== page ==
I admit that this is tricky linguistic machinery. Our native languages--English, for most of us--give us very few clues about how to make the set-multiple distinction correctly. In E we say John and Jane own their own home; but we also say John and Jane are Republicans. In the first sentence, John and Jane are treated as a set; in the second, they are treated as a multiple. But the same E expression suffices for both. In the one case, John and Jane designates the pair of persons who jointly own some house, and in the second, the same phrase designates a multiple of persons, each of whom is--independently, I'll assume--a Republican. In L we not only can make the distinction that E does not make here, we are somehow obliged to do so. We must use ze in translating the first case, and e in translating the second, if we wish to be understood. If we fail to do this, we may end up saying what we do not mean. For, unlike E, whatever we do say in L will mean one thing or the other, but not both. Similarly, if I wish to translate Those 25 men over there (are doing something) into L, I must first decide whether what they are doing is a collective action, like raising a barn, or 25 independent actions, like eating 25 separate hamburgers. In the first case we would say that "Leu 25 mrenu" raised the barn; in the second. that "Le 25 mrenu" ate the hamburgers. It is (unfortunately?) impossible to say one thing in L and expect to be understood as having meant the other...unless, of course, your auditor is as deaf as you are to the distinction you have failed to make, soi crano. Then, of course, by luck or charity--as in E!--you may expect to occasionally get your message across!

Let me end this essay with an acknowledgement that logicians apparently do not use the word set in the way that I have been using it here...indeed, in the way I have been using it for nearly 40 years to talk about one kind of "plurality" in L, namely the collective kind. To logicians, a "set" is an abstract object "attached"--rather, I gather from Randall, as a label is attached to a jar--to its members when these are considered "timelessly" (this I gather from Emerson). From this definition, two rather startling consequences follow: first, sets can be "empty"; that is, this label-like entity can be attached to no elements at all. When this happens, the set--that entity itself--is called "the empty set". Like zero, the empty set is a very useful entity to mathematicians; it makes certain manipulations possible that would not be possible without it. Second, because they are label-like abstract entities, sets cannot do anything. Certainly, as Randall says, "Sets cannot carry logs." Indeed they cannot do or be anything together except include or be included by other sets, and suffer other formal operations involving identity relations among their members.

I understand this. Set theory was, after all, first developed by mathematicians and philosophers of mathematics. Frege and Russell come to mind. And they built this formal theory largely to serve as a tool for exploring the foundations of mathematics, principally arithmetic. But apparently in arriving at this formal conception of sets, the builders of set theory left the uses of the set words and expressions of ordinary language--where, at least for humans, it all began--off to one side. For, as I have tried to show in this essay, it is the very essence of a set when used as a linguistic tool that its members be seen as "being or doing something together". Indeed, that is the occasion for creating sets in the first place. We wish to talk about a couple who own a house together, or about a string of lakes that together establish a canoe route, or about a set of chessmen which, when complete, allows a game of chess to be played. All these are linguistically-created sets, and of course some of them do carry logs. If logical sets cannot do any of these things, then logical sets have moved very far away from the linguistic phenomena by which a kind of "mental net" (not a "label") is thrown over a group of individuals so that they may be considered "as a whole". (But not uselessly far away, note, for numbers, too, have moved similarly far from their observable prototypes in the natural world: the numerosities of things like herds, litters, and eggs.) But note that the linguistic set is ethologically more fundamental than the logical one. For it is the linguistic maneuver that not only enables us to talk about what the members of sets are doing or being together, but it is probably what created our human sense of collectivity in the first place.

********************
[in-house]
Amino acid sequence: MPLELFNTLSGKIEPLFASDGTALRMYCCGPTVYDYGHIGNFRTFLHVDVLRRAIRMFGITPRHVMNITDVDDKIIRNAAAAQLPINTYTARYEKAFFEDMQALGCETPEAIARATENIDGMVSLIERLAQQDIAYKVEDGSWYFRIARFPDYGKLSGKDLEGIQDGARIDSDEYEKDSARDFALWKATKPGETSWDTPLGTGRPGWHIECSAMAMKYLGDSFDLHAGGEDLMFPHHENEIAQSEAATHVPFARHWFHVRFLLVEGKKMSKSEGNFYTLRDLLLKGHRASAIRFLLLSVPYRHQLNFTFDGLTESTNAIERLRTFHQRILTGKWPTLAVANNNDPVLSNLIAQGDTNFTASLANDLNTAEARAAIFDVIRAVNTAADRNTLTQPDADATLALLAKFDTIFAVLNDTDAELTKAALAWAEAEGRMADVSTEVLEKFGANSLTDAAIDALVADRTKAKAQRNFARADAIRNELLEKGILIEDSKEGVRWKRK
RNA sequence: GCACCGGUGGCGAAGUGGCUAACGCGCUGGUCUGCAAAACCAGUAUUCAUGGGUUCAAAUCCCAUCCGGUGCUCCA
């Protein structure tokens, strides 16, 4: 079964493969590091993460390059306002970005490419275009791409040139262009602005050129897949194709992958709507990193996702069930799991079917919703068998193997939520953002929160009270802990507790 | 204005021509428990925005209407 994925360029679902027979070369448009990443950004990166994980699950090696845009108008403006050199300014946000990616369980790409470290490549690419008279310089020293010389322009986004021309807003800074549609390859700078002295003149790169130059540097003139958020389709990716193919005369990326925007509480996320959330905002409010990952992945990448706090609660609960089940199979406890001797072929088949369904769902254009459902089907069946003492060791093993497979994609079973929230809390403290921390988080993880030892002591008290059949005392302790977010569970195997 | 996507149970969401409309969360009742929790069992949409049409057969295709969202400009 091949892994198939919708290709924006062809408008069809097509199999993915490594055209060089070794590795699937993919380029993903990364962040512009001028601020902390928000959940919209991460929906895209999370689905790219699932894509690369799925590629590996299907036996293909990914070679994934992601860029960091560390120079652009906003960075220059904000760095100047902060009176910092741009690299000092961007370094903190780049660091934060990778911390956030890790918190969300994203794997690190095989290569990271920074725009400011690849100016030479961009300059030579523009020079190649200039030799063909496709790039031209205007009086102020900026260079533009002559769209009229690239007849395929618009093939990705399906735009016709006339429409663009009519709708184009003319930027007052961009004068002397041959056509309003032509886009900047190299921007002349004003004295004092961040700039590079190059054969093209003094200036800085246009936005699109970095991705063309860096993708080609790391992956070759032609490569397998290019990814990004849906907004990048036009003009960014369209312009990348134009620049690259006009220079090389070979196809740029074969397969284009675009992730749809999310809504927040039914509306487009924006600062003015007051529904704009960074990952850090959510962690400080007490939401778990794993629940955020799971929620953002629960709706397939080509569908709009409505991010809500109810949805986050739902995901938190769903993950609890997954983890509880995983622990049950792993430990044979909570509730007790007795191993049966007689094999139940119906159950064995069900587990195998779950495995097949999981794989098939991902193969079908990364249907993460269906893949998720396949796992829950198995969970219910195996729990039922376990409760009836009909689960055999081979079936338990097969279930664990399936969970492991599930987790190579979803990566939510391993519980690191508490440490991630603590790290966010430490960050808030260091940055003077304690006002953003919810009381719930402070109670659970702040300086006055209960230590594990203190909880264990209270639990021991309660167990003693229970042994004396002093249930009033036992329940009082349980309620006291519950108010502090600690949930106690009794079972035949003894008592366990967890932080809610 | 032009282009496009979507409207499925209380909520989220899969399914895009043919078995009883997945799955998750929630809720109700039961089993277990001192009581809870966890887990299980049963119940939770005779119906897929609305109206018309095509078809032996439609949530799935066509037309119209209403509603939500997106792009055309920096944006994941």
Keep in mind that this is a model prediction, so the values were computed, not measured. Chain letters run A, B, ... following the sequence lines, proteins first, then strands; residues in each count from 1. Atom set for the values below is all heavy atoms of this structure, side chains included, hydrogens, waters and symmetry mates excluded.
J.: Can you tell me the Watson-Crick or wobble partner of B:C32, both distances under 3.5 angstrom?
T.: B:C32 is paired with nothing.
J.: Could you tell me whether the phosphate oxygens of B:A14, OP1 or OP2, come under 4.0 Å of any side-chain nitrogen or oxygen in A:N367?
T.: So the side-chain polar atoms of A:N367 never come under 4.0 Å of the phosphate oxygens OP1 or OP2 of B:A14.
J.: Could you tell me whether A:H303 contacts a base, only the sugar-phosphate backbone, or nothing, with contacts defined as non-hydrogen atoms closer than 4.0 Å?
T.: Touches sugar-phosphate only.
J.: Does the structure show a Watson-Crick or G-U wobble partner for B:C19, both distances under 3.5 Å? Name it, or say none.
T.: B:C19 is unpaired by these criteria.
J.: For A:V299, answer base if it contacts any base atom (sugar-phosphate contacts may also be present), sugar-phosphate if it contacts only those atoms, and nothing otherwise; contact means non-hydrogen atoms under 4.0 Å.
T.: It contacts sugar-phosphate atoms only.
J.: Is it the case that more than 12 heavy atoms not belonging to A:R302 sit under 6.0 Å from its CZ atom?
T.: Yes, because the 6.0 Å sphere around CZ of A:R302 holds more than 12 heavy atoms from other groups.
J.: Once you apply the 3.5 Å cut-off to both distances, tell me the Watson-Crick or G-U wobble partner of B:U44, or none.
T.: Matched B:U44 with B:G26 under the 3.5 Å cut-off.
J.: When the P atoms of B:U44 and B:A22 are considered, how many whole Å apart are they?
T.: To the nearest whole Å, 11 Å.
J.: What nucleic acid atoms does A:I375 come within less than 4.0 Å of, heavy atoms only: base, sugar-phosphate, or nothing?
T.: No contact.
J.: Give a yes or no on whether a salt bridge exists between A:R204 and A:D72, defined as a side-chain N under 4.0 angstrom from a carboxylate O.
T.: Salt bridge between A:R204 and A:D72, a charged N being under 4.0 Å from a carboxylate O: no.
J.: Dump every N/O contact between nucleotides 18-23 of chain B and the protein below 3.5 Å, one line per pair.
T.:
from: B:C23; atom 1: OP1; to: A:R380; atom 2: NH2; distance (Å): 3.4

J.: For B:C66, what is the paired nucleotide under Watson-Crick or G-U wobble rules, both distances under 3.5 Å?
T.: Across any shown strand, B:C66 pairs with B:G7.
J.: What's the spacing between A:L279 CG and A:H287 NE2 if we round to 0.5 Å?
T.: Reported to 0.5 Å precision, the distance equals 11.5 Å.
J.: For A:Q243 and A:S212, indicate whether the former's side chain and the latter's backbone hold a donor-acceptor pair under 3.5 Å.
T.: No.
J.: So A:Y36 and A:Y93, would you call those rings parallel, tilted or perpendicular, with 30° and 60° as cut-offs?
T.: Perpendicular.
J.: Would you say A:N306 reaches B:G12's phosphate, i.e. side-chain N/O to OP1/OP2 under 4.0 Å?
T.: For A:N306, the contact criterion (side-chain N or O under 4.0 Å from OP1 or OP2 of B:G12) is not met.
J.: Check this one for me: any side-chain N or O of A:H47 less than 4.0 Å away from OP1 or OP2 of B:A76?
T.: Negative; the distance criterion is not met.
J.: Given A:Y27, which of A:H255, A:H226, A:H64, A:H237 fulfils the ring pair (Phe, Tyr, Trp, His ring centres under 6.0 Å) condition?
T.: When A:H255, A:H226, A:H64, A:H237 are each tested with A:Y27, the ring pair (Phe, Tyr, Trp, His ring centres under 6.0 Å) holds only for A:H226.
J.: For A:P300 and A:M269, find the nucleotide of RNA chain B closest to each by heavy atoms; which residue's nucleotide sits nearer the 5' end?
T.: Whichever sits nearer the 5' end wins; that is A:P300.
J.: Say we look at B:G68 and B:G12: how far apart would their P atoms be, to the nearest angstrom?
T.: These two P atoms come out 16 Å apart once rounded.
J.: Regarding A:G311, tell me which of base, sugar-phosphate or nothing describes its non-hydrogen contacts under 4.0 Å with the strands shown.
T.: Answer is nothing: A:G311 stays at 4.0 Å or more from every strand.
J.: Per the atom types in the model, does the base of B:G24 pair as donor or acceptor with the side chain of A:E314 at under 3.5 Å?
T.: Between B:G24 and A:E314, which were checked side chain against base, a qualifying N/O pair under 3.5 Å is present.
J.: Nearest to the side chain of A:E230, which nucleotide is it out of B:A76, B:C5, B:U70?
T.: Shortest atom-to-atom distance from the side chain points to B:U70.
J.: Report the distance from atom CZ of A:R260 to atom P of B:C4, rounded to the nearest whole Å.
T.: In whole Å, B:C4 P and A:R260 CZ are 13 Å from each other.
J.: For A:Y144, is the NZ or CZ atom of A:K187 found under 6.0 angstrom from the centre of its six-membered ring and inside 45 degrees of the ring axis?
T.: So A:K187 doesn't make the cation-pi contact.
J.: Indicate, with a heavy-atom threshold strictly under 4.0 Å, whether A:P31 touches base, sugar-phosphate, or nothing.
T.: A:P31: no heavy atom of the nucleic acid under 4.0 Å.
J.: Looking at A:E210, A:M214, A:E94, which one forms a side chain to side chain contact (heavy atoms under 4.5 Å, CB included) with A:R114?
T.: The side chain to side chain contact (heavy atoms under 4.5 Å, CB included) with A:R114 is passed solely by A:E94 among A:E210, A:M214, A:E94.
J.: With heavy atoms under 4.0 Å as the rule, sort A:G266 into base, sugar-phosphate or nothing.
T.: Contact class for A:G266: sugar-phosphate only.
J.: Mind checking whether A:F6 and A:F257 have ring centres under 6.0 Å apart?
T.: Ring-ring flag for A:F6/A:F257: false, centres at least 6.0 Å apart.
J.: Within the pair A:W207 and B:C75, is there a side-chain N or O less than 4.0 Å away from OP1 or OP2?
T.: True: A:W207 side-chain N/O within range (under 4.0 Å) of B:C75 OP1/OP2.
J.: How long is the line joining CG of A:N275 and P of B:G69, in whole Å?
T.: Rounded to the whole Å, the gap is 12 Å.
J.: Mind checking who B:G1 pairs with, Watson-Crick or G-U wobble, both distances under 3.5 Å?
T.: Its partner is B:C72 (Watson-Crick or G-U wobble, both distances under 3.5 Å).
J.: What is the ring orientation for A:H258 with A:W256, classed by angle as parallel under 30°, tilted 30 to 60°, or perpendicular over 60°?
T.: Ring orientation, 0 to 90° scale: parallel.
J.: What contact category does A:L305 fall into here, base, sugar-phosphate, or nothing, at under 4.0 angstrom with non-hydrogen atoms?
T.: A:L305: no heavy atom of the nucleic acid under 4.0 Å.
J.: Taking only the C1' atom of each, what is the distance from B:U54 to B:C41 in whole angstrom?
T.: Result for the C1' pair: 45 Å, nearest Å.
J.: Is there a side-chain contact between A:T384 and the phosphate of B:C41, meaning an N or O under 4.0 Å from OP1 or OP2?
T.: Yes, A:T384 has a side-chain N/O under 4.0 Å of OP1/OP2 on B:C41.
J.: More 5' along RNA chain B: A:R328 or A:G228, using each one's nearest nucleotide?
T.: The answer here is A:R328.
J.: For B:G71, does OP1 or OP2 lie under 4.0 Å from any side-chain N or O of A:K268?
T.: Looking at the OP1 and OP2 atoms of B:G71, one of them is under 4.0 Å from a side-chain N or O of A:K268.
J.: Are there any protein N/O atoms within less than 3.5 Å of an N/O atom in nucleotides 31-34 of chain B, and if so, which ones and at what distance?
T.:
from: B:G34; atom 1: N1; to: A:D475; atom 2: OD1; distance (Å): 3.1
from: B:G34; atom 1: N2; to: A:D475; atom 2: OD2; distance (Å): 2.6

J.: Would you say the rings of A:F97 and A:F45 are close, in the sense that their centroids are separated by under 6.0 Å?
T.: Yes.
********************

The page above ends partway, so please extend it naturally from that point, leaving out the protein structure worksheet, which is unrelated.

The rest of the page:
Thus, in my own idiolect of E, the word set expresses an evolutionary notion. I believe that as the planet's first speakers, we humans created--and still create--sets by designating the groups of individuals we come upon that were acting, or being acted on, together. We reified these collectivities as single entities precisely by those speech-acts. They did not exist as "things" before we speakers spoke of them. And we do this now whenever we wish to talk about the joint states or actions of similar collections of individuals. Sets, in short, are our inventions, not features of the natural world. We invent them over and over again in order to speak of the collective, wholistic, or affiliative features of the phenomena we observe: fish schooling, troops of monkeys scurrying through treetops, pairs of men carrying logs, species evolving. Therefore of course sets scurry, carry logs, and evolve. For if a pair can carry a log, and a pair is a kind of set, namely a 2-member set, then some sets carry logs.

Next time I'll deal with masses, and with the way masses may be used in L to designate another kind of abstract object, namely numbers. --JCB